The Role of Grandparents During Divorce

A relationship breakdown can be a really difficult time with lots to think about and deal with.  Grandparents can sometimes be forgotten about during this time.  The relationship breakdown can affect grandparents, and the wider family, in a number of ways and this blog aims to deal with some of the key points. Parents Grandparents can be a tricky issue for parents on divorce, dissolution or separation. Maybe your ex’s parents were very helpful when you were together, looking after…

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Introduction of No Fault Divorce

In England and Wales there is only one ground for divorce; that the marriage has irretrievably broken down. Under current law, in order to bring a petition for divorce to the Court, an applicant will need to cite one of five facts in order to ‘prove’ their conclusion that the marriage has irretrievably broken down: Unreasonable behaviour of the respondent Adultery (not available for civil partnership dissolution) Desertion for at least 2 years Separation for at least…

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Can I divorce without a solicitor?

Can I divorce without a solicitor?

Many people wonder about whether or not they can divorce without a solicitor. So, do you need a solicitor for your divorce or can you do it yourself? The simple answer is that you don’t have to have a solicitor for your divorce.  It is perfectly possible to represent yourself if you choose, but it’s important to bear in mind that there are plenty of things that can crop up that might not be easy to deal with –…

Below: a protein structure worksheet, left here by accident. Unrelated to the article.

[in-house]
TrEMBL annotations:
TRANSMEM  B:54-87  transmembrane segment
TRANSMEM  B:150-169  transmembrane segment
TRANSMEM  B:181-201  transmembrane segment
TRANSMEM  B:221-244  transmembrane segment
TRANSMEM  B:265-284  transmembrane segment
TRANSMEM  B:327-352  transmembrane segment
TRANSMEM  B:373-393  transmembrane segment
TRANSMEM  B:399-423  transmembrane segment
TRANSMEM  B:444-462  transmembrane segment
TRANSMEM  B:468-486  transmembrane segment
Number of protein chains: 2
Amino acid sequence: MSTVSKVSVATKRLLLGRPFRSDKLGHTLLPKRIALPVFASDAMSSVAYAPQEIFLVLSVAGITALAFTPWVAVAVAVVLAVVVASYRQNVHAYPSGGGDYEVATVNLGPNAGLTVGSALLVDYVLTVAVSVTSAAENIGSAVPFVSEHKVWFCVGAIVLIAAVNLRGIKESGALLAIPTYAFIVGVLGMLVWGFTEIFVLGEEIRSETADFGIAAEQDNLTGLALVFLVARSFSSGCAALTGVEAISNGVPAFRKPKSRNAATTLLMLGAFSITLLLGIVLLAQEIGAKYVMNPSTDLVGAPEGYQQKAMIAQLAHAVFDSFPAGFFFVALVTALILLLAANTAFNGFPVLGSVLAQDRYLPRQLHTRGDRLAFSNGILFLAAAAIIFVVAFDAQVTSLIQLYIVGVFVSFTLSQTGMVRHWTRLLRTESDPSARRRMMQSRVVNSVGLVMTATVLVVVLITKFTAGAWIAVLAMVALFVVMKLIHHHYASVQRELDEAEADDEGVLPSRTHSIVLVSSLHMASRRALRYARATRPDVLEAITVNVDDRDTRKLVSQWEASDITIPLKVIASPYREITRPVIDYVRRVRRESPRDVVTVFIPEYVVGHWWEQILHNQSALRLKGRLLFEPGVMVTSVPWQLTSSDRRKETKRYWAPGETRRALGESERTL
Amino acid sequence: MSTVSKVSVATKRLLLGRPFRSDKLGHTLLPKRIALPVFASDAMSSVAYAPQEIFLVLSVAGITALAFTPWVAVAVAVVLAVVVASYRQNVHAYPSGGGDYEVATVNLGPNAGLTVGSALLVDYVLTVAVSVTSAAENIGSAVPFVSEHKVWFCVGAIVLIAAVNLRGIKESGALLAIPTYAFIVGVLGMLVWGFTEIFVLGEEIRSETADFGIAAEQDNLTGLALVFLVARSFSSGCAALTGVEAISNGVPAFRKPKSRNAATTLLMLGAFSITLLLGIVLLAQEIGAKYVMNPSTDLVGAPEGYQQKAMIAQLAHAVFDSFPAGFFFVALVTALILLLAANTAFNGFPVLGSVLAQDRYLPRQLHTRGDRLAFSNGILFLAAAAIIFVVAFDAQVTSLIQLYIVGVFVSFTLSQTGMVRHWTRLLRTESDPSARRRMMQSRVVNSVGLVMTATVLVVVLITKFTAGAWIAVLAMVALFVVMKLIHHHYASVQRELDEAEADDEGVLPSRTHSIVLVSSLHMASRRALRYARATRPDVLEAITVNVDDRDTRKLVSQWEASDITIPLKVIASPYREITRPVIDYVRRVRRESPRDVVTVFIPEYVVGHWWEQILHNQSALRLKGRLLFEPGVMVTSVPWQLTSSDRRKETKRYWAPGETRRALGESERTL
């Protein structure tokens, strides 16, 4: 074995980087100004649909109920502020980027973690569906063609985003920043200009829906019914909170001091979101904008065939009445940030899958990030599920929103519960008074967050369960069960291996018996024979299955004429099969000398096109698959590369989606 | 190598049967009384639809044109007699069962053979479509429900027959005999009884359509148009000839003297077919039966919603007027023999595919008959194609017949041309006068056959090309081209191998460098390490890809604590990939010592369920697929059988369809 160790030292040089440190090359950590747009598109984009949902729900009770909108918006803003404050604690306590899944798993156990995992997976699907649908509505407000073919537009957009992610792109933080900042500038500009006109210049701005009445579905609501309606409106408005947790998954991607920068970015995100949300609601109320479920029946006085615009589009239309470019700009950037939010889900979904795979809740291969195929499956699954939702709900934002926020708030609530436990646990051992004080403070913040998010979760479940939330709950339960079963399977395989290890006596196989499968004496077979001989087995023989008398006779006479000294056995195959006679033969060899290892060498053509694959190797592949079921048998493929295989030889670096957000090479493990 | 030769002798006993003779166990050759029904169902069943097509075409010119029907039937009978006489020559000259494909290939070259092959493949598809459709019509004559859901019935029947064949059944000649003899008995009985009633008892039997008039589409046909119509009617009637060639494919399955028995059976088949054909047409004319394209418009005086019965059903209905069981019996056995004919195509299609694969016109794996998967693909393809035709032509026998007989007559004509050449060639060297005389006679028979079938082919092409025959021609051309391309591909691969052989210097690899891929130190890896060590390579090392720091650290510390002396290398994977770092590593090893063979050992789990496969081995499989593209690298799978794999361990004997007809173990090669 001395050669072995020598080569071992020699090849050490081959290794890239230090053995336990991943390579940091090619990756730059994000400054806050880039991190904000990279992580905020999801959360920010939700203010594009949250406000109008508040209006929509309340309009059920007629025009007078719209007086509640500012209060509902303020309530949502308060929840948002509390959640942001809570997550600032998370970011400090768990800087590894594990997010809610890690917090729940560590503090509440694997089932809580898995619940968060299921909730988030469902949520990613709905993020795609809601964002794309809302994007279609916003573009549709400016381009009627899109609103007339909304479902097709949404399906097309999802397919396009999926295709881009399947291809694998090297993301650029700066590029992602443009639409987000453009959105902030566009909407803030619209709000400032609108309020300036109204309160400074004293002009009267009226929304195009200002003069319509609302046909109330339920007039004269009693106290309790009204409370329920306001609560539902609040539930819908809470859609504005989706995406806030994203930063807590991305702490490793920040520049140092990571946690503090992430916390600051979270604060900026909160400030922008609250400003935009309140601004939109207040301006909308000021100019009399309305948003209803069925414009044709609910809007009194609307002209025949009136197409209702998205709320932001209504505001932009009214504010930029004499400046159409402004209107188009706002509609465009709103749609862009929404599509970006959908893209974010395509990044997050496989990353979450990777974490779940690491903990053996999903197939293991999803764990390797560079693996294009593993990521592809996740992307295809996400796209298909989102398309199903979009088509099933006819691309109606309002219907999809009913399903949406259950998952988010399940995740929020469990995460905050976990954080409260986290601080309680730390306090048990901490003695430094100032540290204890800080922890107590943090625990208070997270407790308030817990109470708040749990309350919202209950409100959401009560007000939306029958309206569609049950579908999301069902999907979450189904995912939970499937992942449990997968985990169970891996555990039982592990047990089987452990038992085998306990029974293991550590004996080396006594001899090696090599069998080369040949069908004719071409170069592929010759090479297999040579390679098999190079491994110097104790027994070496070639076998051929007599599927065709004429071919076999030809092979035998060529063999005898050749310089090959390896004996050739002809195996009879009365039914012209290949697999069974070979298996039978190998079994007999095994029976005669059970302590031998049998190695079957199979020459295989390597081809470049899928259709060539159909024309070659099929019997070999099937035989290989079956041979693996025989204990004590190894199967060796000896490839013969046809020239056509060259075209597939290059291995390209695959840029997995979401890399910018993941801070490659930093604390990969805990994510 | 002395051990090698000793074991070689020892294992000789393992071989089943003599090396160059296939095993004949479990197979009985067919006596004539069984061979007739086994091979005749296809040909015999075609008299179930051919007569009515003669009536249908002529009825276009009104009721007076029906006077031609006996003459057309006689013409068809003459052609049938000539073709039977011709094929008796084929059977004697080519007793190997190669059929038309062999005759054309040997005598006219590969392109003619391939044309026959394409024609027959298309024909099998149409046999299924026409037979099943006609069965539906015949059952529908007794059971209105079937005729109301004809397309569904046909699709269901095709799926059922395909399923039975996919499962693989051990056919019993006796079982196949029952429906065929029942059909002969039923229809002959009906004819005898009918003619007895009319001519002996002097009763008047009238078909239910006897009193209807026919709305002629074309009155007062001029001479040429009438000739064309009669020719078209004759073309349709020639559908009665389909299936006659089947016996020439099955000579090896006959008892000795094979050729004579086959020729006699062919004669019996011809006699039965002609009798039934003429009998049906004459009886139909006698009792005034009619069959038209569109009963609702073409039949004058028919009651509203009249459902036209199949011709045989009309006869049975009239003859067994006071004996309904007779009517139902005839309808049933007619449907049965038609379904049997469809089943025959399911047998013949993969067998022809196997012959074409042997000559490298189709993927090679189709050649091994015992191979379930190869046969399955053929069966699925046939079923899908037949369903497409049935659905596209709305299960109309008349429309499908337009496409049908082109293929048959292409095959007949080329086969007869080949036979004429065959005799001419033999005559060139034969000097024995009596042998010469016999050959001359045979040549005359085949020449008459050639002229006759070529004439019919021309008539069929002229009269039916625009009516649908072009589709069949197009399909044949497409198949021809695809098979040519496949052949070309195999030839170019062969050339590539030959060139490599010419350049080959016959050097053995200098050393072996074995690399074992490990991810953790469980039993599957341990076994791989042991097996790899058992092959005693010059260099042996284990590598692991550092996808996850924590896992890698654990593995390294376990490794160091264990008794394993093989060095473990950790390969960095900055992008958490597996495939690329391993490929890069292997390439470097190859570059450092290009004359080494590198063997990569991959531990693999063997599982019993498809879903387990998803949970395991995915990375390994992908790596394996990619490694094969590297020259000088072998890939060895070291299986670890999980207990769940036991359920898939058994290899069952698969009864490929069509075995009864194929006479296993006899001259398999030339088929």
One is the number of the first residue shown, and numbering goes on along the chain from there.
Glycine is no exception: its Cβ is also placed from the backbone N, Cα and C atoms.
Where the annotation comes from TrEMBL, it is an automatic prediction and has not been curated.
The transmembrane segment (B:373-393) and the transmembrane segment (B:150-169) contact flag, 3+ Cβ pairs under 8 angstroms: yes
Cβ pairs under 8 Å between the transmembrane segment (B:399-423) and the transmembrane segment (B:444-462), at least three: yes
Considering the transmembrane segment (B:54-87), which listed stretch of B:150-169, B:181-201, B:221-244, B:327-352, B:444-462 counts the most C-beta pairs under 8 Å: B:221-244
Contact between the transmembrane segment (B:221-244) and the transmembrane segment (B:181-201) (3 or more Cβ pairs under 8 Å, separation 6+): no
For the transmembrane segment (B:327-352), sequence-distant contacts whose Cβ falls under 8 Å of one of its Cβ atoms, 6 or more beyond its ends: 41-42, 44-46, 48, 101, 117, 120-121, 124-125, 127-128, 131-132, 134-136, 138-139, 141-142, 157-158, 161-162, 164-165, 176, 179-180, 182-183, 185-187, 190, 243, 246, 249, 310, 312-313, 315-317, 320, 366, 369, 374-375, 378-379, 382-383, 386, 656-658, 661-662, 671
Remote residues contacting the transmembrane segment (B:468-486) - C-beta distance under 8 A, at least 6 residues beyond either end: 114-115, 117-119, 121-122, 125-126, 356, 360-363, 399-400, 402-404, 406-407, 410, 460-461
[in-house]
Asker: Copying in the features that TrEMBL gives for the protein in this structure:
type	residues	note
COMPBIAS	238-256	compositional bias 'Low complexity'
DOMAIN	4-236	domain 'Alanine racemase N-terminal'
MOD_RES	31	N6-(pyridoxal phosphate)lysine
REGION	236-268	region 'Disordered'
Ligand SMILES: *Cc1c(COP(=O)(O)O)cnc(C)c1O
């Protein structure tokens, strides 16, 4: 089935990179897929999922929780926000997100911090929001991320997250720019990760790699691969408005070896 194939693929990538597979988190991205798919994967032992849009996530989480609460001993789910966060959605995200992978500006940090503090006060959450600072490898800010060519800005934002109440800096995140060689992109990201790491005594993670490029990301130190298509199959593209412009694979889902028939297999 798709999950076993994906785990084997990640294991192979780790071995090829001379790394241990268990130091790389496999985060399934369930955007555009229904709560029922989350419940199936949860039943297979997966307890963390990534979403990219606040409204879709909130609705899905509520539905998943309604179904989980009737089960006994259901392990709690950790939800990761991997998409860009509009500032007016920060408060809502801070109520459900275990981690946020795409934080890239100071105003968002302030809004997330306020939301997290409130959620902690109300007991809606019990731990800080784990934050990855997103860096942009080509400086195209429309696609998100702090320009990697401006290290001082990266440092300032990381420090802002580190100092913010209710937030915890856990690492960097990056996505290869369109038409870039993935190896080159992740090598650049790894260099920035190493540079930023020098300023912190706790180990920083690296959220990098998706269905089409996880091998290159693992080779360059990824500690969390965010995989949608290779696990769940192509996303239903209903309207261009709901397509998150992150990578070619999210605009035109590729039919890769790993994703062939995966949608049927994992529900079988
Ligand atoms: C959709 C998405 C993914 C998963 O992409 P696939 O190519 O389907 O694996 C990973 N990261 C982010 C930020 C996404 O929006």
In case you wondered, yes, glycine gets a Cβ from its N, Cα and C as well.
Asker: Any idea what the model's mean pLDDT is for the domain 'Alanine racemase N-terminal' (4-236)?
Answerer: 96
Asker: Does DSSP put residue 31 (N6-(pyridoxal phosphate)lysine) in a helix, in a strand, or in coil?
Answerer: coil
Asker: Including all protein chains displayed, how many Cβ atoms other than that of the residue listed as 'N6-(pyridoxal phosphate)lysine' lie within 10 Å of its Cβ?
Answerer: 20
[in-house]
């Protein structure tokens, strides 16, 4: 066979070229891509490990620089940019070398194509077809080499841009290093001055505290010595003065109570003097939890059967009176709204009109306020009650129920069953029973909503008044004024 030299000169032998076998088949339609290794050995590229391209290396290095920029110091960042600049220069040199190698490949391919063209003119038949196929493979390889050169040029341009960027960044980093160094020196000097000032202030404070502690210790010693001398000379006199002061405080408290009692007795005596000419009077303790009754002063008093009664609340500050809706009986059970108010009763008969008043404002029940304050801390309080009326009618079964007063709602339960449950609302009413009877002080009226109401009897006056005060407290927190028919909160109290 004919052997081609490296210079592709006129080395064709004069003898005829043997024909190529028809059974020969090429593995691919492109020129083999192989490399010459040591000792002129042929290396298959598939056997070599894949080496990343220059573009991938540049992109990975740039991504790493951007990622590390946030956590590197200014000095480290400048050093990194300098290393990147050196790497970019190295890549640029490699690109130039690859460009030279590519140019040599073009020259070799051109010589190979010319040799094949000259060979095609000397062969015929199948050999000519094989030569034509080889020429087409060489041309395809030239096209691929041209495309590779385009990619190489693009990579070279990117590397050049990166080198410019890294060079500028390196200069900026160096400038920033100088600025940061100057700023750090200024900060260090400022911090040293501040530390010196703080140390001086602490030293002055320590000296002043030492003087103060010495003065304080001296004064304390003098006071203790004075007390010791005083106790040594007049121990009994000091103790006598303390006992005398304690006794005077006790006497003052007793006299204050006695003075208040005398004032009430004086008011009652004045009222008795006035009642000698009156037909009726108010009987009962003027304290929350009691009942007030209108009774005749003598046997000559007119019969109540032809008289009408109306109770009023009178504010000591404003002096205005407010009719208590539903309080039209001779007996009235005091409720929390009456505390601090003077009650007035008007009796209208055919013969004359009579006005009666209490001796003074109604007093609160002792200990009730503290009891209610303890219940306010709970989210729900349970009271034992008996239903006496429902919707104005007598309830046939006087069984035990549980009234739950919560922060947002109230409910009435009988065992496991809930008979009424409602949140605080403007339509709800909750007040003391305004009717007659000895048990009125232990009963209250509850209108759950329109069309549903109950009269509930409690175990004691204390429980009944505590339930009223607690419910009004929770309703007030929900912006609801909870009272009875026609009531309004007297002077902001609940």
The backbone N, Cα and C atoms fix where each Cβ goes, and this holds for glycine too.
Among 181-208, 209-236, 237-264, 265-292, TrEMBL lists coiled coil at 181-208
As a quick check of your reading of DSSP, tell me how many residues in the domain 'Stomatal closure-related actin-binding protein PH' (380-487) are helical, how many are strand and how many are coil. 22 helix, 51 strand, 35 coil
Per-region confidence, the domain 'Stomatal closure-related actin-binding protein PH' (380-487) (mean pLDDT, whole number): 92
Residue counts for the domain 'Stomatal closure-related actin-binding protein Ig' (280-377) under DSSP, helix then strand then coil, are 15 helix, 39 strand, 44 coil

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pensions on divorce

Pensions on Divorce

"Pensions on divorce" is about when marriages and civil partnerships break down, meaning that related financial and property matters must be dealt with. The financial remedy process ensures that the assets are distributed following divorce or dissolution. Usually the biggest asset of the marriage or civil partnership is the former family home. Quite often pensions come in at a close second. The Courts have extensive powers to deal with pensions by way of pension attachment orders or pension sharing orders. Pension attachment…

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Marriage and Civil Partnerships -v- Cohabitation – How do they differ in relation to the parties’ finances upon the breakdown of their relationship?

When parties enter a marriage or civil partnership they voluntarily decide to form a union; they intentionally enter a contract with the knowledge that it gives rise to obligations. Parties who enter a cohabiting relationship enter no such contract or voluntary union. Cohabitation is viewed quite differently to marriage, particularly in the eyes of the law. The phrase “common law marriage” is a very big misconception and does not exist regardless of how long a couple have been together. Upon breakdown of…

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Divorce Reform – Third time lucky?

The Divorce, Dissolution and Separation Act 2020 has been designed to simplify and amend the existing outdated divorce laws in England and Wales. The Bill received the Royal Assent on 25th June 2020 and is now an Act of Parliament. It has been a long wait for many to see the Bill finally being passed and the fault element being removed from the divorce process. The Bill was introduced in June 2019 but due to the fiasco surrounding the prorogued parliament…

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